Do it yourself
Engaged citizens and grassroots movements have the initiative and drive the change they want to see from the bottom up. Society was heading for ecological and social collapse in the name of profit and all proposed changes were too little, too late. If something radical was to happen it needed to start from the bottom — and so it did.
Today, the system has been flipped into something much closer and more citizen-driven. All the bureaucracy was redundant: It was too slow and too far removed from the from the people it was supposed to look after. Community and a symbiotic relationship to nature is more important than material riches. Not saying that innovation has halted, it has simply taken on a more open and community based approach focused on creating shared value for societies. But, as the world in some ways becomes smaller, conflicts also moves closer to home.
New initiatives emerge from the bottom-up. Challenges are solved locally. Local communities play a far bigger role in the everyday lives of people.
Local communities have their own powerful political institutions with control over local economy and regulation. Everyone is expected to contribute what they can.
As communities come together around ideas, values, and ideology — strong local contrasts appear.
Faster is not always the answer.
We’ve rediscovered our bodies and our part in the natural eco-system around us.
Digital fabrication makes it easier to be more self-sufficient. Why get someone else to do it when you can do it yourself?
As local communities are largely fending for themselves, natural disasters and changing weather becomes even more challenging.
Beauty arises from between the cracks of what used to be.
We can’t afford to be wasteful.
A fresh breeze brush against your face as you walk across the paved square in front of the senior centre. The shops are not open yet but the small plaza is coming alive.
Last week, they started working on restoring the facade and roofing of the old senior centre. It has been a recurring topic at the town hall meetings for years. The community has been talking about tearing it down and building a new one for ages but it has been delayed over an over. With a new roof it probably won’t be for at least 10-15 years so maybe they’ll have time to discuss some other issues like a coordinated effort to restore the park or upgrade the dated network infrastructure in the western half of the neighbourhood.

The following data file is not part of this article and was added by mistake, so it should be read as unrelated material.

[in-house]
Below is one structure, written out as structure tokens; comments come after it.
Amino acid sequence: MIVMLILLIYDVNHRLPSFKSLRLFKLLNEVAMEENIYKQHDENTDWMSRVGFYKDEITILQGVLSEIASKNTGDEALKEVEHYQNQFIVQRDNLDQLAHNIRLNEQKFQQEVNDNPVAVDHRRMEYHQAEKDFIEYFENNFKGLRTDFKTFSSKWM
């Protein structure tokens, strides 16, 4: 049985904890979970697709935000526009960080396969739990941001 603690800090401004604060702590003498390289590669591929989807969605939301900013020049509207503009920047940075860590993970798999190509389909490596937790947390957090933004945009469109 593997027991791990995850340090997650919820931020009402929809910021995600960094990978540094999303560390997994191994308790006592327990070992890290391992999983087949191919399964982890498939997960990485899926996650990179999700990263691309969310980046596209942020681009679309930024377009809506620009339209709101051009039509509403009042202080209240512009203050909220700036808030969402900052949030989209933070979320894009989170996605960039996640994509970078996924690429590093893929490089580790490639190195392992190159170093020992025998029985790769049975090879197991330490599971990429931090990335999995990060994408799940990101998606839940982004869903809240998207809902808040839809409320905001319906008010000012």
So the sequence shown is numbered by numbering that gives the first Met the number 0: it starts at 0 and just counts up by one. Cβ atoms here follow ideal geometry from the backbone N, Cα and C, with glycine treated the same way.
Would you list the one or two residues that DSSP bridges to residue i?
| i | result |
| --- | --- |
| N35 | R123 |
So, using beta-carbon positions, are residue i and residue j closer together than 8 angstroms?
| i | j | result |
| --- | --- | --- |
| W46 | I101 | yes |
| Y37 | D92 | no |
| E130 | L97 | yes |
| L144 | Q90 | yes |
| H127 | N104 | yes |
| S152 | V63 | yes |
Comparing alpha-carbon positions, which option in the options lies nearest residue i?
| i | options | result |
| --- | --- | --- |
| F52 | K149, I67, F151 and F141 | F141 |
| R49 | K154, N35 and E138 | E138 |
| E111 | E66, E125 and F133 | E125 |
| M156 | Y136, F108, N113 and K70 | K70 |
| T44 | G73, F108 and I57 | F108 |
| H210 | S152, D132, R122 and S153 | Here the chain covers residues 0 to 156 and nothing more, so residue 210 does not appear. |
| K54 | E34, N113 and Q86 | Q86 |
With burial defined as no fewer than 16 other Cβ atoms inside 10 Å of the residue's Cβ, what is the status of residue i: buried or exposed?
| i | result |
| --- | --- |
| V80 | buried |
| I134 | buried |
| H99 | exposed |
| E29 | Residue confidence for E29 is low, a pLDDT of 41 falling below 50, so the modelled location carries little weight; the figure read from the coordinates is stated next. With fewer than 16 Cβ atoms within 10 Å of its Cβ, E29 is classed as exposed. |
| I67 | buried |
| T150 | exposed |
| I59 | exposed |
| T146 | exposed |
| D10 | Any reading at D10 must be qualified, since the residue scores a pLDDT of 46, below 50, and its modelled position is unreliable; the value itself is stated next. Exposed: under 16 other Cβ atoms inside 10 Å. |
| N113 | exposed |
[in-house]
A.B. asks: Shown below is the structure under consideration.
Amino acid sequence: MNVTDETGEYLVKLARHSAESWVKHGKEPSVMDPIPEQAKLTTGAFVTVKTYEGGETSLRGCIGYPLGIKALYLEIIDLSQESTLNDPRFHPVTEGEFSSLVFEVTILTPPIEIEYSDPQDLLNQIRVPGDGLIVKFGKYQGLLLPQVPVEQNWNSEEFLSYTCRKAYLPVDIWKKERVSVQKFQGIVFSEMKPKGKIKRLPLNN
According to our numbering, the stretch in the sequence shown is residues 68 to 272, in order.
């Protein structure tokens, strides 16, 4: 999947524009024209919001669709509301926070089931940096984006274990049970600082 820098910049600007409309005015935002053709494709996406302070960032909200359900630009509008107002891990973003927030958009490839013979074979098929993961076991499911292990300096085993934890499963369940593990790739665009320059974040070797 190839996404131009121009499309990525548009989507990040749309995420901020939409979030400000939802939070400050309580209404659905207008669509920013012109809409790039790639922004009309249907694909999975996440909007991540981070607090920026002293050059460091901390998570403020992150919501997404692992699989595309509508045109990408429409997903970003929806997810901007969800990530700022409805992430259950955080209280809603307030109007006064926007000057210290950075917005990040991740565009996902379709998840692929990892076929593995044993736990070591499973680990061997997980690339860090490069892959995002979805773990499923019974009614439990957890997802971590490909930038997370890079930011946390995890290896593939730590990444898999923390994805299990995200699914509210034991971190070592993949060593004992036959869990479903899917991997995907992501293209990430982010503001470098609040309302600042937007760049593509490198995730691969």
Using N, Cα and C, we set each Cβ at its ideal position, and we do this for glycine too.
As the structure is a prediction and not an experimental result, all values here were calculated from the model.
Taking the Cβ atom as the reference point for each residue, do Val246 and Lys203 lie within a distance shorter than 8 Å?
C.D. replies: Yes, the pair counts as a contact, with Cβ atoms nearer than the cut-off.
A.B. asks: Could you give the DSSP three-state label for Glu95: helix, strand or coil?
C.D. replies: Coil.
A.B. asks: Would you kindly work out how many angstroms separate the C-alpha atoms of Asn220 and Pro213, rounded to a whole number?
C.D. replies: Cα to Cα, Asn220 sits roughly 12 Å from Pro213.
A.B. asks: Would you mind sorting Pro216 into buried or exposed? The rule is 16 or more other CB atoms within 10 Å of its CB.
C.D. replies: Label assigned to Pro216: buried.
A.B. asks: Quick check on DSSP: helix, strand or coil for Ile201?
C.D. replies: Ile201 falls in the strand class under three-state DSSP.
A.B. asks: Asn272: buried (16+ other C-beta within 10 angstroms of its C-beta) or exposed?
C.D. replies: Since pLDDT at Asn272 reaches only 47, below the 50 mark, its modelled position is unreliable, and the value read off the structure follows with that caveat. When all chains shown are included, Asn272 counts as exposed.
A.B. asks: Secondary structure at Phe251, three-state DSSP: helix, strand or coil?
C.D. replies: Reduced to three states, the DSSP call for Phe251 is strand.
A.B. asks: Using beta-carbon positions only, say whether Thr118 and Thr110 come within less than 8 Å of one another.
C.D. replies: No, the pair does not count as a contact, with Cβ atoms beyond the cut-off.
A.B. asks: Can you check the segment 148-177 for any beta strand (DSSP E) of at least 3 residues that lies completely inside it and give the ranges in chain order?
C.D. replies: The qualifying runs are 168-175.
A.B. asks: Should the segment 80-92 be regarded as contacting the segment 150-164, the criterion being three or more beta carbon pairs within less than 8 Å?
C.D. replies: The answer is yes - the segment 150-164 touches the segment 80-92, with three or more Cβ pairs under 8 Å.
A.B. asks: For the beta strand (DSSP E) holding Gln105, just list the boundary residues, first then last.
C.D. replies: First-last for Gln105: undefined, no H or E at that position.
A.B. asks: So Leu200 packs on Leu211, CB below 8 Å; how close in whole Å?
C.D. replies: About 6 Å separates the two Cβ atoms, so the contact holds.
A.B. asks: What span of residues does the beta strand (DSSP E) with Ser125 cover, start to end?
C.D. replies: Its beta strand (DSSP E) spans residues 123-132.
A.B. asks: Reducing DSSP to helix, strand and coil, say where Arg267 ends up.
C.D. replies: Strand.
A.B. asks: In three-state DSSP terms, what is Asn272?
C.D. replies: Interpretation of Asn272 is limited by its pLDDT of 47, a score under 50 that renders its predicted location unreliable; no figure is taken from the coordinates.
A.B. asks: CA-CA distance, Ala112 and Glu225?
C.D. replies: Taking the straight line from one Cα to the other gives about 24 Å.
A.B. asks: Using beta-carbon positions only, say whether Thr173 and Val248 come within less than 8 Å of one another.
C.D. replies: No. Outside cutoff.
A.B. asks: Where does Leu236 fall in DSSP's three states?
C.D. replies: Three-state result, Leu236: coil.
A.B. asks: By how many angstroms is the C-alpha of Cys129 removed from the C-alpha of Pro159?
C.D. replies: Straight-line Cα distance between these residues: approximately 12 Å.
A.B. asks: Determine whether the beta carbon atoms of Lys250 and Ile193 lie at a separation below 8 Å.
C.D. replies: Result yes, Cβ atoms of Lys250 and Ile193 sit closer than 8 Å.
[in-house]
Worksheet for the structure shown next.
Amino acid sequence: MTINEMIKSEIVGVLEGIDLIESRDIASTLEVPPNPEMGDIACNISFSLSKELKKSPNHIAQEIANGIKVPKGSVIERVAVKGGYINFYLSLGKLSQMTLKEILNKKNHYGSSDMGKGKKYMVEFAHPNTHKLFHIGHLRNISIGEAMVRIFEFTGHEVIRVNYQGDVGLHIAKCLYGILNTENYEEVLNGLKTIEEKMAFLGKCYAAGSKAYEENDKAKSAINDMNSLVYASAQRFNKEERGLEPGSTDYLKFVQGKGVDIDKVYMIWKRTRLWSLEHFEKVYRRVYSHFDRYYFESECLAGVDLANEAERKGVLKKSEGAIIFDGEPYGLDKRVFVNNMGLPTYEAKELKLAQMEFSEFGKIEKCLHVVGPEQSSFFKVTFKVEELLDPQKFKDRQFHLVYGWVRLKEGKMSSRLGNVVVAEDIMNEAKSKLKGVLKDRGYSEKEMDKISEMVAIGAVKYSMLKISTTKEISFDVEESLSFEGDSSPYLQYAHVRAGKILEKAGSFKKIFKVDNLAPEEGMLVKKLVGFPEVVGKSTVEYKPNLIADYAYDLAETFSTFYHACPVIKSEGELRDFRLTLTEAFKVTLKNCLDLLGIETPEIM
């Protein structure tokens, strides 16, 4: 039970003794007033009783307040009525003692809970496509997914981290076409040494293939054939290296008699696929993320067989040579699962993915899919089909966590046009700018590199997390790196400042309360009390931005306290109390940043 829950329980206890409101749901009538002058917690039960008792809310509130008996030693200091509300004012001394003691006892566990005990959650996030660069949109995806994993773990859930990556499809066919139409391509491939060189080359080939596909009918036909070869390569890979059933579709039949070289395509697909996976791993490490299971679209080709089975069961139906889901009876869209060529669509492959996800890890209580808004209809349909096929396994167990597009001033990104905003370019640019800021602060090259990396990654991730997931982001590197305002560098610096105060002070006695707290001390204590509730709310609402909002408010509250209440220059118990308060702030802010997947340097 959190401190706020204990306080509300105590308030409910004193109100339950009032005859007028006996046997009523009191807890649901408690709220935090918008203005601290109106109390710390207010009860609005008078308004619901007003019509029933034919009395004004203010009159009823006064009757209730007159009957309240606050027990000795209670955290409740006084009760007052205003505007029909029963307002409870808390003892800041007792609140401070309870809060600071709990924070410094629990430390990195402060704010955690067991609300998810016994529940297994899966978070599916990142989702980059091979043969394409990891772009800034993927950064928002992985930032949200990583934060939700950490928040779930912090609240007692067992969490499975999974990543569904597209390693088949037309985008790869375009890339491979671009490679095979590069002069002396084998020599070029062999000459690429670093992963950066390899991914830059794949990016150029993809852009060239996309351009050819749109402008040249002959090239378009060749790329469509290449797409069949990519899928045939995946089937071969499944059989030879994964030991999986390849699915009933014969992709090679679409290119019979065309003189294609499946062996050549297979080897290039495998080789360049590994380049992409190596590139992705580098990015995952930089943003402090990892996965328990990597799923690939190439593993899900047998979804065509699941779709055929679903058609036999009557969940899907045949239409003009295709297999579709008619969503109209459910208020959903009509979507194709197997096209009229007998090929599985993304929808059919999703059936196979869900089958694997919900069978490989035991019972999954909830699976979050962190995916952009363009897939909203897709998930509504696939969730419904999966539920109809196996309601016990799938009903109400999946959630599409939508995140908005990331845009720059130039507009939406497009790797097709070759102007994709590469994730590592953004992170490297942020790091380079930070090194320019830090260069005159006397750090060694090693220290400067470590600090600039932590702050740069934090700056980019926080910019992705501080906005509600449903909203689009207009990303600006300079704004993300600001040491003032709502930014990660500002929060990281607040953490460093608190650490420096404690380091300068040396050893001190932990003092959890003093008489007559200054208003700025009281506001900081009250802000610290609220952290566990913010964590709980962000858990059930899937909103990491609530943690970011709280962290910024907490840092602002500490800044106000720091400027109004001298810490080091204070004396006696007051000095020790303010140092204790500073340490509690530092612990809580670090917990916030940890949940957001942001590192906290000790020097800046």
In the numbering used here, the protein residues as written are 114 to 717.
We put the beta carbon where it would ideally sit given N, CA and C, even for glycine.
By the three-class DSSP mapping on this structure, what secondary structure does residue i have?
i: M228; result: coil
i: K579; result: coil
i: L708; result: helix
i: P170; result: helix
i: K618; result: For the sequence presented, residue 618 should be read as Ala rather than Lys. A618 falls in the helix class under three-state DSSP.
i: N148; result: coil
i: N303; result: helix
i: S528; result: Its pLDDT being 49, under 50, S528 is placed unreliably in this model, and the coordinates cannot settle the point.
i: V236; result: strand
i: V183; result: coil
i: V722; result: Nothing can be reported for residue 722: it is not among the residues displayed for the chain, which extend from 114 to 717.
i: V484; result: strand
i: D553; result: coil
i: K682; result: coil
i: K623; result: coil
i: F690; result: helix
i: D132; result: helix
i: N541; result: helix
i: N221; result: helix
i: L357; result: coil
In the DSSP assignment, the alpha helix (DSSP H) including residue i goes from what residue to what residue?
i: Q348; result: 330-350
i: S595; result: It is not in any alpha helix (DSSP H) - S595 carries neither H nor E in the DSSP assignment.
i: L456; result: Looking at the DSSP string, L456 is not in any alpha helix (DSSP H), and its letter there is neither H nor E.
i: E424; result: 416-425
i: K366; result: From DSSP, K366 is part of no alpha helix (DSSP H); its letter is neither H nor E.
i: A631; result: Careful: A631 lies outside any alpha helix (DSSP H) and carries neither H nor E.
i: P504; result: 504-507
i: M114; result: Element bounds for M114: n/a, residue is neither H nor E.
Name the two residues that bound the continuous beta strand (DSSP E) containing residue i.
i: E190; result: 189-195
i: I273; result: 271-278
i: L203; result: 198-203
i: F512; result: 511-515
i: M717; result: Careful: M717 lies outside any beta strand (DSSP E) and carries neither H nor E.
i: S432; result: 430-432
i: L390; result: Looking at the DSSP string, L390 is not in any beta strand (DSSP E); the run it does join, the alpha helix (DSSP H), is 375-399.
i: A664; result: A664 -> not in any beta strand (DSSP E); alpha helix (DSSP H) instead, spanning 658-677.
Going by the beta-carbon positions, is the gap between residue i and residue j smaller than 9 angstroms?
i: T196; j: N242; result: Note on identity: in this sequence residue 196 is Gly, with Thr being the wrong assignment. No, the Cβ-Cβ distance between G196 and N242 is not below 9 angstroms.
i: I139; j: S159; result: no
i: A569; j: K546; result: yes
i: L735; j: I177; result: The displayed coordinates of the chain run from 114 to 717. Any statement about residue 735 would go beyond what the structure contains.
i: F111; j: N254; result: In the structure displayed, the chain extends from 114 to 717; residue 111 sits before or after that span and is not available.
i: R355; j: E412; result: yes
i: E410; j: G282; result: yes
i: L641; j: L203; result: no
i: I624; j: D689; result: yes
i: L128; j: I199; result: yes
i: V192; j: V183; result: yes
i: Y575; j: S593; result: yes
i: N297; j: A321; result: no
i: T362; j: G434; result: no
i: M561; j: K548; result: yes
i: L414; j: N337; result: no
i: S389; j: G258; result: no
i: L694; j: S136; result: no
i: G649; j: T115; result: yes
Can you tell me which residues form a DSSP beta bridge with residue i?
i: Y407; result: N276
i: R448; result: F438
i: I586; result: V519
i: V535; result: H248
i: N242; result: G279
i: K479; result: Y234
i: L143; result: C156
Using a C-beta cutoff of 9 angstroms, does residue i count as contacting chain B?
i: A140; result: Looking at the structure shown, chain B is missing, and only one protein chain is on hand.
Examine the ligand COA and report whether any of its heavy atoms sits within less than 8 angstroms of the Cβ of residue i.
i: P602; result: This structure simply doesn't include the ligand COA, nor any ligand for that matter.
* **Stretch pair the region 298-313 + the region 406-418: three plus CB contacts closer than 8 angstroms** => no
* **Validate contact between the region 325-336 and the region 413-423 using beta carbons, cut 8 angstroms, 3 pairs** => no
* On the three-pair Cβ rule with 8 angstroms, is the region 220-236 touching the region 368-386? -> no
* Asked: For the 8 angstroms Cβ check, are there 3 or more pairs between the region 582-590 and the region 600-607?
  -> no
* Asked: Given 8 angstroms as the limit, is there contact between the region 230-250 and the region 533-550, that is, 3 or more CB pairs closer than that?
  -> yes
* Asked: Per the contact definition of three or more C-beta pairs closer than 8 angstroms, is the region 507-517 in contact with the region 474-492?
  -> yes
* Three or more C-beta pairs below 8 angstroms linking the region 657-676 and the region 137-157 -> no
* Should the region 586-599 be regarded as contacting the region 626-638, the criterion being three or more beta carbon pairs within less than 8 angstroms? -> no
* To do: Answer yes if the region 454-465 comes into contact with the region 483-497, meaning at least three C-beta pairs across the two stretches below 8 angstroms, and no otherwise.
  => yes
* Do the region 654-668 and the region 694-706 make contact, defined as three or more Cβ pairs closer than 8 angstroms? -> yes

The work is being done by a mix of specialised workers who are paid by the community fund and locals using some of their allotted community work days to help with the restoration. Emily, a retired engineer and an active user of the senior centre, helps out by supervising the drones laying out the roof tiles. A couple out walking their dog shakes their heads smiling at the sight: Old Emily wearing a headset, commanding her inorganic, flying, subordinates from the comfort of a wooden garden chair with yellow paint peeling off, wrapped in a checkered wool blanket with a cup of hot tea in her hands.
It’s mostly quiet. All you can hear is the seagulls and the deep rumblings coming from Paul, a mobile automated production unit. A MAPU as it is often called is basically a large trailer with a miniature factory inside. No one but the makers seem to know exactly how it works. Currently Robert is being fed old tiles and is spitting out a batch of fresh ones every other minute. The council decided to invest in building it a few years ago after much debate. So far Robert has been saving the community a lot of money and resources but some still thought the money would’ve been better spent on something else.
Everyone is expected to contribute a bit of time to the community, and tasks are divided according to everyones abilities. Some tasks are preassigned while others are chosen from the various projects posted on the community board. Most people are expected to do about a day’s worth of work every month, but you’re free to join larger projects like the restoration of the senior centre and gain credits for several months at a time. Tasks can be anything from helping out with a festival, shopping for those who can’t do it themselves, or cooking in the community kitchen to helping managing and maintaining public buildings, facilities, or digital infrastructure like the local AIs.